Ok, let’s start this group session together now and say out loud:

“I give myself permission to sit down when riding my adventure bike.”

๐Ÿคฃ๐Ÿค™
cattouch

Really, a whole post on how or why to sit on an adventure motorcycle? How hard can it be, right? Actually, not hard at all. We all have that experience. Except, not quite. A good body position makes a huge difference in how you handle the bike in tough situations, so that this won’t ever happen to you. ๐Ÿ‘‰

Ok, that’s not true, I just saw a cat and a motorcycle in a gif and had to put that in here.

Seriously though, sitting down when riding off pavement is a great way to save energy so you can ride longer and further. And with the correct body position, you can soak up little bumps and go around corners without loosing the front and crashing.

[convertkit form=1684325]

When to sit down

Could you believe I have spent a lot of time figuring this out? Really, I did. Because I would hear and read that you just about need to standup whenever you are not on pavement. But, then I watch guys like Nathan Millward (around the world on a small scooter) and Sjaak Lucassen (around the world on a 150HP R1) and no way are they standing up on those bikes for days on end. And they are still alive…

nomad bikers VkreH2PIpOM unsplash
Relax! It is ok to sit down when riding off pavement. Photo by Nomad Bikers on Unsplash

For me, I sit down whenever I can do so safely. That means: if I am riding a well graded road, good visibility, and relatively low speeds, going in a (more or less) straight line? I sit down. It is just easiest and most comfortable to do hours on end and saves energy.

And you can still go around a corner sitting down on unpaved roads. Without the front wheel sliding from underneath you. If the corner is not too sharp and you can see through the corner, I usually sit down. And sharper corners can often still be taken sitting down when speed is reduced.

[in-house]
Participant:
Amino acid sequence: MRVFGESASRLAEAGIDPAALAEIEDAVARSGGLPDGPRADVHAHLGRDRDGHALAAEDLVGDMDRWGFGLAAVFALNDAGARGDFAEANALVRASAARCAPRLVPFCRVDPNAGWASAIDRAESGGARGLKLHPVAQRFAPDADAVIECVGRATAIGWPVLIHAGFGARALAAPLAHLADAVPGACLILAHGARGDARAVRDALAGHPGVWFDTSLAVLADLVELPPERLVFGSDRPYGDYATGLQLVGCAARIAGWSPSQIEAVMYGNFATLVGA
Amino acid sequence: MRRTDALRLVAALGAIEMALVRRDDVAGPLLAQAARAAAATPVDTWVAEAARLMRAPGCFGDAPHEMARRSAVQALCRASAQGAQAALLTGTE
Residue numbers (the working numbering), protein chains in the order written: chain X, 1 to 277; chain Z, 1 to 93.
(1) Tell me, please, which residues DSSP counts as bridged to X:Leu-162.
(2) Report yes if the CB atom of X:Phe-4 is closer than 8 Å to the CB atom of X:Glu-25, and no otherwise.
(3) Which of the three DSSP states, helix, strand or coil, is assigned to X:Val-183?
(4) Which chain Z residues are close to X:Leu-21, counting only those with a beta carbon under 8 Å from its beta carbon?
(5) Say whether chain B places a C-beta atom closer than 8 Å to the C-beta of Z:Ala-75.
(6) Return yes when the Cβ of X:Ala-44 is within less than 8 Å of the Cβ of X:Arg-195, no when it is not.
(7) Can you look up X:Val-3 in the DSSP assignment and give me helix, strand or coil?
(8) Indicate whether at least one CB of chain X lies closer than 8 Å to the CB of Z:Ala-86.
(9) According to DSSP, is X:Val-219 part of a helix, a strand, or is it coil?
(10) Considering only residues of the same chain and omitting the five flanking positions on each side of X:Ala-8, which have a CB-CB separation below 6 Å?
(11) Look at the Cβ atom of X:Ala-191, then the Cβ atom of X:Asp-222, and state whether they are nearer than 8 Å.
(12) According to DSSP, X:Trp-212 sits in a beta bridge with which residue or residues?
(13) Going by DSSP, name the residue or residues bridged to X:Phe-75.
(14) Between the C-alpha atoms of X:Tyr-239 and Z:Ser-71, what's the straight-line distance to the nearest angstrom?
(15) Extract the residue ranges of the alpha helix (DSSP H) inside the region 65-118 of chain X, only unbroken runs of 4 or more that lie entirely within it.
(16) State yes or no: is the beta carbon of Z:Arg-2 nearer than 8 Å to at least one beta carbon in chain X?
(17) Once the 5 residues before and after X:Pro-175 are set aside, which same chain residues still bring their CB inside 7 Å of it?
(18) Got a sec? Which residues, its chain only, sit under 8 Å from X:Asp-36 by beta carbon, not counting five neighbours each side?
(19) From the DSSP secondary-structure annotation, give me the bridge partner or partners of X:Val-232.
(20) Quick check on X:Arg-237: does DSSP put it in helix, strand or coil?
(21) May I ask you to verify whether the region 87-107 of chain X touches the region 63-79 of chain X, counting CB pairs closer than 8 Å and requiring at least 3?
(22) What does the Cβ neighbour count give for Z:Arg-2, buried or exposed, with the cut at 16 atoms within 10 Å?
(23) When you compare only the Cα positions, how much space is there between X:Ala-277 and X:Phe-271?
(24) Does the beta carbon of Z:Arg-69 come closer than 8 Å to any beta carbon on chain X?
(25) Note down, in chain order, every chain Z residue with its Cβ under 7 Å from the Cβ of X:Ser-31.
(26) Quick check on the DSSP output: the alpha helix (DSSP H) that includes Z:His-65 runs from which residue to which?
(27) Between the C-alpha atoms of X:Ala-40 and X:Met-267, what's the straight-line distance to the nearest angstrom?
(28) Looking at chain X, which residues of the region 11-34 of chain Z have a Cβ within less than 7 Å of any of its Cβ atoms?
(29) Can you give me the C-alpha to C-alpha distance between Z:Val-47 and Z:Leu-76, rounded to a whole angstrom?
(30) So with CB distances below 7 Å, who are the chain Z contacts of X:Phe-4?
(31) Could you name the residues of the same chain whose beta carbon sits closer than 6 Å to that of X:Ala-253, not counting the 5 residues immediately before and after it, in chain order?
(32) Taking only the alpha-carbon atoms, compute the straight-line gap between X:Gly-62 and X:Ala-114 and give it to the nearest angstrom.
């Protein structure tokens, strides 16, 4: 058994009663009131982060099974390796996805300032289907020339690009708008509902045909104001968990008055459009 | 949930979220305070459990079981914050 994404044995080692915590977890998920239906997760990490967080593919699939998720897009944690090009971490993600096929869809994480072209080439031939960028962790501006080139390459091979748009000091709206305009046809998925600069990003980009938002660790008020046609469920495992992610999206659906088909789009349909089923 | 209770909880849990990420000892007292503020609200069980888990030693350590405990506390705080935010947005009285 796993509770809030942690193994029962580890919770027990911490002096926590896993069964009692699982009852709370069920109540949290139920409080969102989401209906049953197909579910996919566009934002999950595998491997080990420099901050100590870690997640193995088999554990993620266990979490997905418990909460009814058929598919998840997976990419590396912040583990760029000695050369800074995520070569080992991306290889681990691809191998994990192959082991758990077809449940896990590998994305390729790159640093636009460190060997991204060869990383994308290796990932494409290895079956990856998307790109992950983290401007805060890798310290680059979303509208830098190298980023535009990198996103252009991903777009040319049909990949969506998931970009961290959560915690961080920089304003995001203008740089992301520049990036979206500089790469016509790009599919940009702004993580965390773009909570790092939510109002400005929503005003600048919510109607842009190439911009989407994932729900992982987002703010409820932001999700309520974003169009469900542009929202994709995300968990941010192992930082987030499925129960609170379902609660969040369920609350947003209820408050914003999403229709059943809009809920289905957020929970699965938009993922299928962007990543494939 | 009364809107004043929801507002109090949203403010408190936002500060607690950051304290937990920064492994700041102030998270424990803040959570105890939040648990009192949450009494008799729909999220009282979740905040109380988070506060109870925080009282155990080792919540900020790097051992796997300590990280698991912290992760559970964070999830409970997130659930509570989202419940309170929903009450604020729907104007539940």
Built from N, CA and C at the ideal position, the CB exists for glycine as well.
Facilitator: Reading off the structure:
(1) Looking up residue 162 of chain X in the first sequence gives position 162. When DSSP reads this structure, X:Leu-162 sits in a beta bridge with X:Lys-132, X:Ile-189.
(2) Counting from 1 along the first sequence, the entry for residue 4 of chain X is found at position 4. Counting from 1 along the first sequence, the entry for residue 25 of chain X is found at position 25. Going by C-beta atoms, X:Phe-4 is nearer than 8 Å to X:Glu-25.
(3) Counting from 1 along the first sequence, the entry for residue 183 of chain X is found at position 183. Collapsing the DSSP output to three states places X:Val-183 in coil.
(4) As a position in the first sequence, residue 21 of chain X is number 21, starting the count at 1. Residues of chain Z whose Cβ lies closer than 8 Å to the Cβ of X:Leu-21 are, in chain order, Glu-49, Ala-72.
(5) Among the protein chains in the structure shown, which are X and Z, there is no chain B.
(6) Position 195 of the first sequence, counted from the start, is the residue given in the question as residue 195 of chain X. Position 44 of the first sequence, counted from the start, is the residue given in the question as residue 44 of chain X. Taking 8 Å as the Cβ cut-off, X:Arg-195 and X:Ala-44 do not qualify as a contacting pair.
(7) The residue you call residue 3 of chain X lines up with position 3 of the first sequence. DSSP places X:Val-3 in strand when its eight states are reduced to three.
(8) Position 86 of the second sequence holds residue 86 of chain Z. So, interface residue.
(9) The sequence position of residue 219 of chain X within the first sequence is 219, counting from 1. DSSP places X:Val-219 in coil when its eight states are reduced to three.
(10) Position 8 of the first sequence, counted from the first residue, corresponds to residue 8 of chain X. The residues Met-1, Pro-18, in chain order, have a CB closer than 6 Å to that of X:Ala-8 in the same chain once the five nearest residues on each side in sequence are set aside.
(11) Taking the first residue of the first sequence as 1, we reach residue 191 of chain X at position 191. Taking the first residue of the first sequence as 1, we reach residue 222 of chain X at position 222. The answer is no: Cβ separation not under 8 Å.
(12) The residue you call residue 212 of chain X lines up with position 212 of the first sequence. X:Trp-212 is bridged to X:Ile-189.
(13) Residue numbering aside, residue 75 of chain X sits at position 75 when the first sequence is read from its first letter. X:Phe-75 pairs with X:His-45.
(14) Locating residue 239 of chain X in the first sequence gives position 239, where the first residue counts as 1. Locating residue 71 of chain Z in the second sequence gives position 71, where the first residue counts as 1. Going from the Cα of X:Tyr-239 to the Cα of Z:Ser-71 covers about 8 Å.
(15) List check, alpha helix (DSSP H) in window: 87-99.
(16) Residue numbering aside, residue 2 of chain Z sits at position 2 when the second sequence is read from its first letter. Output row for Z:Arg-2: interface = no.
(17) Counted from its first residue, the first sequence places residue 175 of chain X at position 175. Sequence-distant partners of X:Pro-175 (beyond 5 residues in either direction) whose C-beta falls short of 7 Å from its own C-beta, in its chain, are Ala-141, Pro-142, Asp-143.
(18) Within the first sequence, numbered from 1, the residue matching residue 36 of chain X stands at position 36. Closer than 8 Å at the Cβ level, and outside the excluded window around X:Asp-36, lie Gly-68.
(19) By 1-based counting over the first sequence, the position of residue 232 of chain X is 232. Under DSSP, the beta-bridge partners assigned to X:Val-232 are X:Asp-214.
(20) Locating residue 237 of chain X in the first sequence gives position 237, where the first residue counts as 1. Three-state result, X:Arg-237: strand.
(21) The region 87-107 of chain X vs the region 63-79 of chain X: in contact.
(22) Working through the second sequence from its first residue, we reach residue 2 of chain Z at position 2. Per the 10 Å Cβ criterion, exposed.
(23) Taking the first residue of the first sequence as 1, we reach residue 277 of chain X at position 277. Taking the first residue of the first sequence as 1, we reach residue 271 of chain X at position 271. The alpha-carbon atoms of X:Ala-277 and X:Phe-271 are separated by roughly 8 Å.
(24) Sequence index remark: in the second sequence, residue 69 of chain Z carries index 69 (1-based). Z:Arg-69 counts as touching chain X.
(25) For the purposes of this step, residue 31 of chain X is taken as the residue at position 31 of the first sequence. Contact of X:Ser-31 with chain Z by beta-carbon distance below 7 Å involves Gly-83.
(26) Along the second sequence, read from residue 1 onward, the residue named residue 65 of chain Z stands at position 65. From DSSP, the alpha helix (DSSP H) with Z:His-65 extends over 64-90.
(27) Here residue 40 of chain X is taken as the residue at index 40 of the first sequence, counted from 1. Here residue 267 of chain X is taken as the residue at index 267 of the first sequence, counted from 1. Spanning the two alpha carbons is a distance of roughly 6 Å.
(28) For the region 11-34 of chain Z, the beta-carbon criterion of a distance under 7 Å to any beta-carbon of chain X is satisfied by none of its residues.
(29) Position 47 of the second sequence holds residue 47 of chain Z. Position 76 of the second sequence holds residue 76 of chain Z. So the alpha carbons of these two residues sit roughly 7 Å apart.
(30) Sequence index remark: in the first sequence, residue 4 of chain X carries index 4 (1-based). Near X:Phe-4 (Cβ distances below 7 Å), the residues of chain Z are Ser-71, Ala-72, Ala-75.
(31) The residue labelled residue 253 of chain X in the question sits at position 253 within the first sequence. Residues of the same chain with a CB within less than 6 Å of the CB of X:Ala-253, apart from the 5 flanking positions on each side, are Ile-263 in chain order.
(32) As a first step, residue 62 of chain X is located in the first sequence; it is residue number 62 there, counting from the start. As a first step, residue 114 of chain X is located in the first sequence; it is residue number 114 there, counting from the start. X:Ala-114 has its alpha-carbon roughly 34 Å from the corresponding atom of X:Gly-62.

How to Sit Right

“Ok, now you’re just joking, right?”

Na-ah! There are some key differences between riding in a seated position on pavement or unpaved and it has everything to do with grip of the tires.

Road tires are very capable of sticking to the tarmac, even at serious lean angles. As long the road surface is pretty clean, you’re golden. Most riders enter a corner with a bit of counter steering to lean the bike over, then they tend to lean into the corner, with the bike. A bit sportier and you move your shoulders more in the direction the corner takes you, maybe even hanging off the bike a bit towards the inside of the corner. Racers do this, so the bike can stay a little bit more upright, allowing a bit more grip (and therefore speed) through a corner. But, if the tires loose grip at some point, there is very little you can do to prevent a rapid involuntary dismount.

Cornering like that on a loose surface such as gravel or sand, is not recommended. The front wheel will probably wash out quickly, resulting in another of those involuntary dismounts. So, how to prevent that and still carry some speed through a corner? Basically, you do everything opposite to cornering on pavement:

  • Lean the bike into the corner, but keep your body perpendicular to the ground. Spine and head straight up.
  • If need be, move your butt cheek on the outside of the corner off the seat.
  • Move as far forward on the seat as you can to load the front wheel as much as possible.
  • Do not use counter-steering to lean the bike into the corner. Briefly weight the inside footpeg to tip the bike into the lean, then move weight on the outside peg to load the contact patch of the tire.
  • Bonus tip: Don’t stick your inside leg out though. Does not help much with heavy adventure bikes, and it get nasty quick if your foot catches something in the rut and your bike lands on top of it.

The main goal is to keep yourself over the part of the tire that is touching the road surface. Very similar to the way many of us learned to do figure 8’s and slalom when taking lessons. Except in those exercises, you never had to move your butt on the seat. Now you do.

That way you are loading those two contact patches as much as possible, increasing grip. And if you do loose traction, you have a better chance of staying on the bike as the bike will move sideways with you, instead of rotating away from underneath you.

Go Practice!

A good way to practice this, is to find an unpaved, open space and practice those figure 8’s or slalom’s again. Do not use a lot of speed, so you can focus on your body position. Then apply it to a nice open but unpaved road and enjoy your new energy saving, confidence boosting riding technique. Onwards!